Tokayev’s position was bolstered following the unrest. He quickly moved to announce political reforms, starting from constitutional amendments that removed all mentions of Nazarbayev as Elbasy, leader of the nation, and paved the way for snap elections. The vote secured Tokayev seven more years as head of state.

“First, he replaced Nazarbayev as head of the security council, then he removed from office all those appointed by Nazarbayev,” political analyst Shalkar Nurseitov told IWPR.

“Therefore, the key political consequence was the change of the frontman, the first person of the consolidated political regime. This year, according to media reports, the number of political prisoners in Kazakhstan increased fivefold, now the list has over 125 names.”

Nonetheless, many parliamentarians have hailed the reforms introduced by Tokayev since he took office in 2019, including the 2020 law on protests which requires giving notice to local executive bodies of any demonstrations.

“The reforms that were launched most likely resulted in the coup attempt with all the ensuing consequences,” Aidos Sarym, deputy of the parliament’s lower chamber told IWPR.

But deputy Arman Kozhakhmetov maintains that protesters wanted social issues to be addressed.

“People are most concerned about [their] income, affordable prices, supporting their families, and housing, and social issues always prevail,” he noted. “Chanting “Shal, ket” [old man, go away [in reference to Kazakstan’s former president Nursultan Nazarbayev] was triggered by the allegation that all problems were related to that regime. In fact, if we all do not start to work now, the situation will not change, right?”

Indeed, former lawmaker Serikbai Alibaev said that one year on, many questions remained unanswered.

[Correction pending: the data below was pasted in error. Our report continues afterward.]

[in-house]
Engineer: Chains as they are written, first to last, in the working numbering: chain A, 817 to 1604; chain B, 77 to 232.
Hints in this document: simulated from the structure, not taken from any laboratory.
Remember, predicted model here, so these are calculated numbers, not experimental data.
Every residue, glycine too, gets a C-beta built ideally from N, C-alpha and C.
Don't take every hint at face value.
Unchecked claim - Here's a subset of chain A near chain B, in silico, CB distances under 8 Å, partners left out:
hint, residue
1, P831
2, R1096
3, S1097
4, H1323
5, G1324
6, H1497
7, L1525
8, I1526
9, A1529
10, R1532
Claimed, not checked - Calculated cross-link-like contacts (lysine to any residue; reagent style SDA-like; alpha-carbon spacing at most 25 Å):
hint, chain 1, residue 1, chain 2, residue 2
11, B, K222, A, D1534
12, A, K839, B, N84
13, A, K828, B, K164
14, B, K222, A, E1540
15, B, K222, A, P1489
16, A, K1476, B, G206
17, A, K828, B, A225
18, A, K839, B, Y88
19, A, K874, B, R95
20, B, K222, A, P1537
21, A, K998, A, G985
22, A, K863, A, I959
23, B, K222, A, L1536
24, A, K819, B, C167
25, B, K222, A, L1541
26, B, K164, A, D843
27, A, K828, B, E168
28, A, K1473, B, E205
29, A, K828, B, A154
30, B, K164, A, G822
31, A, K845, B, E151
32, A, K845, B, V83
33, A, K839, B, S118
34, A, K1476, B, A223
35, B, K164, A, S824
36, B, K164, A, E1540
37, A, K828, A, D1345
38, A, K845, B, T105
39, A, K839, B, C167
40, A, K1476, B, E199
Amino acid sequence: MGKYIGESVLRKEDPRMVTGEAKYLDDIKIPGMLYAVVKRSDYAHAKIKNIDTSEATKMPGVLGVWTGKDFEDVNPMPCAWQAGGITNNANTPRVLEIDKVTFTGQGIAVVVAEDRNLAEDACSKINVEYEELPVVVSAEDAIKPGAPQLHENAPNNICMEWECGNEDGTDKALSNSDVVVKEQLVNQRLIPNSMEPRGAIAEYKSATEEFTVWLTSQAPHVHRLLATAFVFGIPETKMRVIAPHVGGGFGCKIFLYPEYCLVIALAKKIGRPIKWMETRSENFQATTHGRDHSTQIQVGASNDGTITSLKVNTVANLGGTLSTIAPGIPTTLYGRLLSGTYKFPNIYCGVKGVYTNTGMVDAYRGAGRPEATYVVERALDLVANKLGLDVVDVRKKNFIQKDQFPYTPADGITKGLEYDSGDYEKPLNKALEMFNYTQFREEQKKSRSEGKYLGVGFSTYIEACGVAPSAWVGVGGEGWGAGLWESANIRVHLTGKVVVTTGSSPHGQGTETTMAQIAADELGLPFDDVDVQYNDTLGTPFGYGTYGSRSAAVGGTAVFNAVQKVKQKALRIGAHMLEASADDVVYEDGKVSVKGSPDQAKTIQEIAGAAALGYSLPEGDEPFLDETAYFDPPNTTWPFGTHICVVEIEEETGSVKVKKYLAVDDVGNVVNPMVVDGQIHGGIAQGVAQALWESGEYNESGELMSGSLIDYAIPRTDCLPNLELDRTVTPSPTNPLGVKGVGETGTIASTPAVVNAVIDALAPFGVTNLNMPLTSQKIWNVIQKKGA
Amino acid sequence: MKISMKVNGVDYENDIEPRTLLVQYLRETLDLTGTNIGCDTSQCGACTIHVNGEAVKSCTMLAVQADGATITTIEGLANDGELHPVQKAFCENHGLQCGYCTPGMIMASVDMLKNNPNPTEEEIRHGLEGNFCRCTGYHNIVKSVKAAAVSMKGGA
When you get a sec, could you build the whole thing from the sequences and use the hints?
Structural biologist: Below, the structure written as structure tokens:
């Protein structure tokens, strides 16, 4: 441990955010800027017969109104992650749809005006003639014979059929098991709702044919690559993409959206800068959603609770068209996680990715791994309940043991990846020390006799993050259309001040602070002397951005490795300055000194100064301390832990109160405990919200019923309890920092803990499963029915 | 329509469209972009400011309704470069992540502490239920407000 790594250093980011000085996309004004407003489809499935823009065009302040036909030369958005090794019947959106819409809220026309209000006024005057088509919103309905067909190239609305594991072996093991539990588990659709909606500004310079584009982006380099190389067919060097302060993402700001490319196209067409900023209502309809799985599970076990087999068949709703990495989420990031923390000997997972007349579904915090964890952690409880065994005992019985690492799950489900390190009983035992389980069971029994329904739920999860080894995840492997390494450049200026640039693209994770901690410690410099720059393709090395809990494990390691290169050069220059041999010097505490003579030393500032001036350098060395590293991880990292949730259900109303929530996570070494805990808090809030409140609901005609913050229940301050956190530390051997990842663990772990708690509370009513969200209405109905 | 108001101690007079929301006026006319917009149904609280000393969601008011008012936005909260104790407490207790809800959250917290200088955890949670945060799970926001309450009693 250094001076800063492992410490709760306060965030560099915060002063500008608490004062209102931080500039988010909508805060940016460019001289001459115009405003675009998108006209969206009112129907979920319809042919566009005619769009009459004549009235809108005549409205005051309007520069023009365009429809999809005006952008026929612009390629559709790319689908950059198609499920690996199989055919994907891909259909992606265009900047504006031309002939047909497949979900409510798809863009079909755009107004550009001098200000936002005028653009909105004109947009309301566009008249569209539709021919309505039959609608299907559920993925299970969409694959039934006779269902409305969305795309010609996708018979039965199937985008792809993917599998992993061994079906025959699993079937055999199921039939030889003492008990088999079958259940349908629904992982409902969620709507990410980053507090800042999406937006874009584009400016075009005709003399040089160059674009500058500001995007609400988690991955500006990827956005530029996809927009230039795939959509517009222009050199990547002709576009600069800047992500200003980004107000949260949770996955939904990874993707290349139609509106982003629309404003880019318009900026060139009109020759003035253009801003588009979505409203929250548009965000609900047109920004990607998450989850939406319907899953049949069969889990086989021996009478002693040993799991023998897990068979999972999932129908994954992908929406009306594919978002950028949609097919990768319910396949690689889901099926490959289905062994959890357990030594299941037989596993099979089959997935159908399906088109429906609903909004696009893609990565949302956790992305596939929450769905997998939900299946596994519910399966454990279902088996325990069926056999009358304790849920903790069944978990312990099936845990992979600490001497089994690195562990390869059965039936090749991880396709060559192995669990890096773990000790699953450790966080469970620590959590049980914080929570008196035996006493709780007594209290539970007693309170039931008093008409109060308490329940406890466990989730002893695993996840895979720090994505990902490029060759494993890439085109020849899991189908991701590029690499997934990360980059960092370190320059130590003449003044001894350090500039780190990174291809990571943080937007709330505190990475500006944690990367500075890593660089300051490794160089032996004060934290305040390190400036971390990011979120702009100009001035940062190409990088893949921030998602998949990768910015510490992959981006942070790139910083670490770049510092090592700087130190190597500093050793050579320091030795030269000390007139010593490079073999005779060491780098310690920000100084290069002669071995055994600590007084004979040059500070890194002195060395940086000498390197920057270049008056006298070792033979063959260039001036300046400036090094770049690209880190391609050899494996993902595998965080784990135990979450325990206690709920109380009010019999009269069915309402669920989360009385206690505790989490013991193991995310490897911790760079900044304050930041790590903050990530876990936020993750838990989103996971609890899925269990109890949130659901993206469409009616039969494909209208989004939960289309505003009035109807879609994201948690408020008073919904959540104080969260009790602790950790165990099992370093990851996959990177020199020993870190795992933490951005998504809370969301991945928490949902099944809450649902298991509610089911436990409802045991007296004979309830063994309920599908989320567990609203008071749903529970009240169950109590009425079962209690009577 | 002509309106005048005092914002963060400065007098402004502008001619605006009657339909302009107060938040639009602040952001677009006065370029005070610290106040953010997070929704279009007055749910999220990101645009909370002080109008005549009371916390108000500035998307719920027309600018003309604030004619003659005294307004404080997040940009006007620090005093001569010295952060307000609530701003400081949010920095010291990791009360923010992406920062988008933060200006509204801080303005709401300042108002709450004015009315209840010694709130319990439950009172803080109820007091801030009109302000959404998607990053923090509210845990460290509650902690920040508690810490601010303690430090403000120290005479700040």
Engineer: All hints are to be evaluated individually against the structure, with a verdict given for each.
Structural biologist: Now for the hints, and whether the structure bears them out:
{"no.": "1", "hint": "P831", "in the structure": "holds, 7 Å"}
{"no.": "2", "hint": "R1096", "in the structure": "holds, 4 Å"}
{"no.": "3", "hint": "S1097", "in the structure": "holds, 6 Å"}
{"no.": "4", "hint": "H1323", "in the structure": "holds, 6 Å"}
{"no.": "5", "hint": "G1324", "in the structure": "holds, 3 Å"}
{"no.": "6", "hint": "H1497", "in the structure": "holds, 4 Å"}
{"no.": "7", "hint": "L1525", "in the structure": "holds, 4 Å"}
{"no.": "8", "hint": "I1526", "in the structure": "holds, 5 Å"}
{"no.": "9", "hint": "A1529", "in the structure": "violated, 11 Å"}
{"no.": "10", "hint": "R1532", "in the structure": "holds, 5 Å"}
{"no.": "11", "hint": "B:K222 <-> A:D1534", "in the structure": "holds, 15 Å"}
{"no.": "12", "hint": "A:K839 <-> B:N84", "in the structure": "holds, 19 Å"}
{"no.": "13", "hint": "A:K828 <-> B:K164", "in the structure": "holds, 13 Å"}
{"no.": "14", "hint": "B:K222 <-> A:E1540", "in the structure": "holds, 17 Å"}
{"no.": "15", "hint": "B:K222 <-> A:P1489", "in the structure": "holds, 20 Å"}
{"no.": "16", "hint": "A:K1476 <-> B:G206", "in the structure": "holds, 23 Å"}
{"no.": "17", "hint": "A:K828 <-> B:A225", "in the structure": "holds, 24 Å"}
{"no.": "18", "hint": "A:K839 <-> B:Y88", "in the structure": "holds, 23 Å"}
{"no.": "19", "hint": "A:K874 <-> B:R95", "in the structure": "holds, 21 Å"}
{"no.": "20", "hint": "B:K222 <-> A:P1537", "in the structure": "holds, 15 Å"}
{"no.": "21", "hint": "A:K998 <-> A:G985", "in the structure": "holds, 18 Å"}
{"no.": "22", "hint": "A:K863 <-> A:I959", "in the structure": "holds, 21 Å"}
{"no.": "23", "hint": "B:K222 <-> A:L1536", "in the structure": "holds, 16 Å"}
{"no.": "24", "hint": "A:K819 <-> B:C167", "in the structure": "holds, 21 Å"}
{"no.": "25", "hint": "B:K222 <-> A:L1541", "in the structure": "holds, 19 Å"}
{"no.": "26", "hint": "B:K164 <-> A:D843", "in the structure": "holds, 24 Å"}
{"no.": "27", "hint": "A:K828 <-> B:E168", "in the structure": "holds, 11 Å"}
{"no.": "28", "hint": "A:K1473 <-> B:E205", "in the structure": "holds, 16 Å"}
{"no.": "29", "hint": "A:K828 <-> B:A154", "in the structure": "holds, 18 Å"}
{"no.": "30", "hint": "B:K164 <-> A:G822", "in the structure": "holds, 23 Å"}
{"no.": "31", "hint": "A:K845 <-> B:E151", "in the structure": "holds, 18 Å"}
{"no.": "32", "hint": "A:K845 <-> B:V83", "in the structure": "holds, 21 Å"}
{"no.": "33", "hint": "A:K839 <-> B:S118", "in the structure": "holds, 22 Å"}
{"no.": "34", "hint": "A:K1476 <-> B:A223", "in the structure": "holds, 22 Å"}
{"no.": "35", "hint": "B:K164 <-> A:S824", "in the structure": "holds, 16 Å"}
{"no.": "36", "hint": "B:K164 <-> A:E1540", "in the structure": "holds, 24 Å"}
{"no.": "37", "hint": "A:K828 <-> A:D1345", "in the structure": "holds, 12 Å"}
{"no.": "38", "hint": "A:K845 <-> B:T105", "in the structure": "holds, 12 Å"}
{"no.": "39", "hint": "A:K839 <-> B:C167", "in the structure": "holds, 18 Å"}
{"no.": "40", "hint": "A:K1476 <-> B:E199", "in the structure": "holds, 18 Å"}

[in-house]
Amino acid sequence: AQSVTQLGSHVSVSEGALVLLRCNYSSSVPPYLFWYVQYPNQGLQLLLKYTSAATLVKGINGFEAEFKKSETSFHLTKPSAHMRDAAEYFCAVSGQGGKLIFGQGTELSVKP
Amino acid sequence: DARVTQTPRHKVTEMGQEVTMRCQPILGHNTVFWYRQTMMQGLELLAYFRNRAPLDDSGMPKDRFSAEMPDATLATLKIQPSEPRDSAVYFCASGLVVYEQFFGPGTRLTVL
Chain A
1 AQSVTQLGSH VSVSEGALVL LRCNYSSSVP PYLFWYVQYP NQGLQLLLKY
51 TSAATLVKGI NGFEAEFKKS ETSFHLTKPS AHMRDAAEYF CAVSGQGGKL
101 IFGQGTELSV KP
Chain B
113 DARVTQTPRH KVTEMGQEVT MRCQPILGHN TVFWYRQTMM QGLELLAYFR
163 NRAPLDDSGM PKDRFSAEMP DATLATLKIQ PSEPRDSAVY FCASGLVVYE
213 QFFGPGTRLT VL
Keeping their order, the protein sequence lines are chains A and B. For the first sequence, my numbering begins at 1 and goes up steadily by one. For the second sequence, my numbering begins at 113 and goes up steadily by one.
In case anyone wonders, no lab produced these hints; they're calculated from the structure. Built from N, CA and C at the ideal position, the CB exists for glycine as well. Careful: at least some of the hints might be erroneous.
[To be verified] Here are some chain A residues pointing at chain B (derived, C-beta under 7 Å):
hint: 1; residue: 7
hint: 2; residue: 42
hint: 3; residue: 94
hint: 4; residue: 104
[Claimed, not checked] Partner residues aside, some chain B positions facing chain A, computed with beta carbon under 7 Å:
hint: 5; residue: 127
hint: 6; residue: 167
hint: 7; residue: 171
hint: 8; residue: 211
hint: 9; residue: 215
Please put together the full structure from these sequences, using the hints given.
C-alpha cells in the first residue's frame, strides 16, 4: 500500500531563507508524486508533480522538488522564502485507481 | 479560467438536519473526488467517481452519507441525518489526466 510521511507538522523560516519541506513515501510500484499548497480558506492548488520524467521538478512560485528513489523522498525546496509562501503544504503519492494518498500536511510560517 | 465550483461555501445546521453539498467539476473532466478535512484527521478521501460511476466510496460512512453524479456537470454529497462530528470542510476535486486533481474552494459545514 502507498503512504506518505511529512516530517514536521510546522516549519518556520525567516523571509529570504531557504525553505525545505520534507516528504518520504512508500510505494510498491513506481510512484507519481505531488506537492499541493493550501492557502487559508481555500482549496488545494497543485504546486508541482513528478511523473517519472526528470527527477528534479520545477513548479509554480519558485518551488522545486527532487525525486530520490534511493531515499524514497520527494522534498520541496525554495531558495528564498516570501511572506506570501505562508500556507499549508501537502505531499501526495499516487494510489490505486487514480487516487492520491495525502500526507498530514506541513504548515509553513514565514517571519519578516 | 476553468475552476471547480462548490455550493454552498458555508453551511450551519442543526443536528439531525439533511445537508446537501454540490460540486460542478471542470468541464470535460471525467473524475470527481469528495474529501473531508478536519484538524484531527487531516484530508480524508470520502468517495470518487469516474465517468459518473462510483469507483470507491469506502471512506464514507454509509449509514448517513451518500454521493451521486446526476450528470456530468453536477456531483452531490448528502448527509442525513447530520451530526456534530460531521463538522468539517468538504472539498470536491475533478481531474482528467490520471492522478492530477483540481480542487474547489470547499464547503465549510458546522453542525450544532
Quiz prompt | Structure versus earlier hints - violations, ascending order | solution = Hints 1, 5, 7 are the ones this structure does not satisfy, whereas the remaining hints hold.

“We can expect changes in the country only if the events are given an objective political assessment. One year has passed, but we can see only manipulations and deception …Masimov was detained, but his actions were not assessed,” he told IWPR.

Alibaev himself was detained for his participation in what the police deemed an unauthorised protest on January 2 in the north-eastern city of Pavlodar.

“People who should have asked uncomfortable questions keep silent as if nothing happened.”

Recalling the events of that day, the politician said, “The imam and activists spoke…Hundreds of police officers were there, those 20 persons could be seized and taken away. But the police officers just rushed into the akimat and started throwing stun grenades at civilians, one person was wounded.”

Alibaev filed a complaint of police violence, but no one was held accountable.

Sociologist Yeset Yesengarayev said that, despite the trauma of the January events, most Kazakstanis remained apathetic about potential reform.

This was rooted in both the fear of security forces and the state narrative that demonised protesters as naïve people who took to the streets at the call of well-trained militants and terrorists.

“We are poor on empathy because we are a selfish nation, although we like to speak about our high spirituality… Why was Nazarbayev so popular for a long time? Because he was an enlarged copy of little Nazarbayevs who have filled and still fill our society,” he said.

The urban middle class, traditionally the source of systemic change, had settled for economic benefit in exchange for their loyalty to the political regime, the sociologist noted.

“People who should have asked uncomfortable questions to the regime keep silent and act as if nothing had happened,” Nurseitov said. “We can see this among big business owners as well. Now they understand that their principal has changed and they have to [adapt] to the new one."

This publication was prepared under the "Amplify, Verify, Engage (AVE) Project" implemented with the financial support of the Ministry of Foreign Affairs, Norway.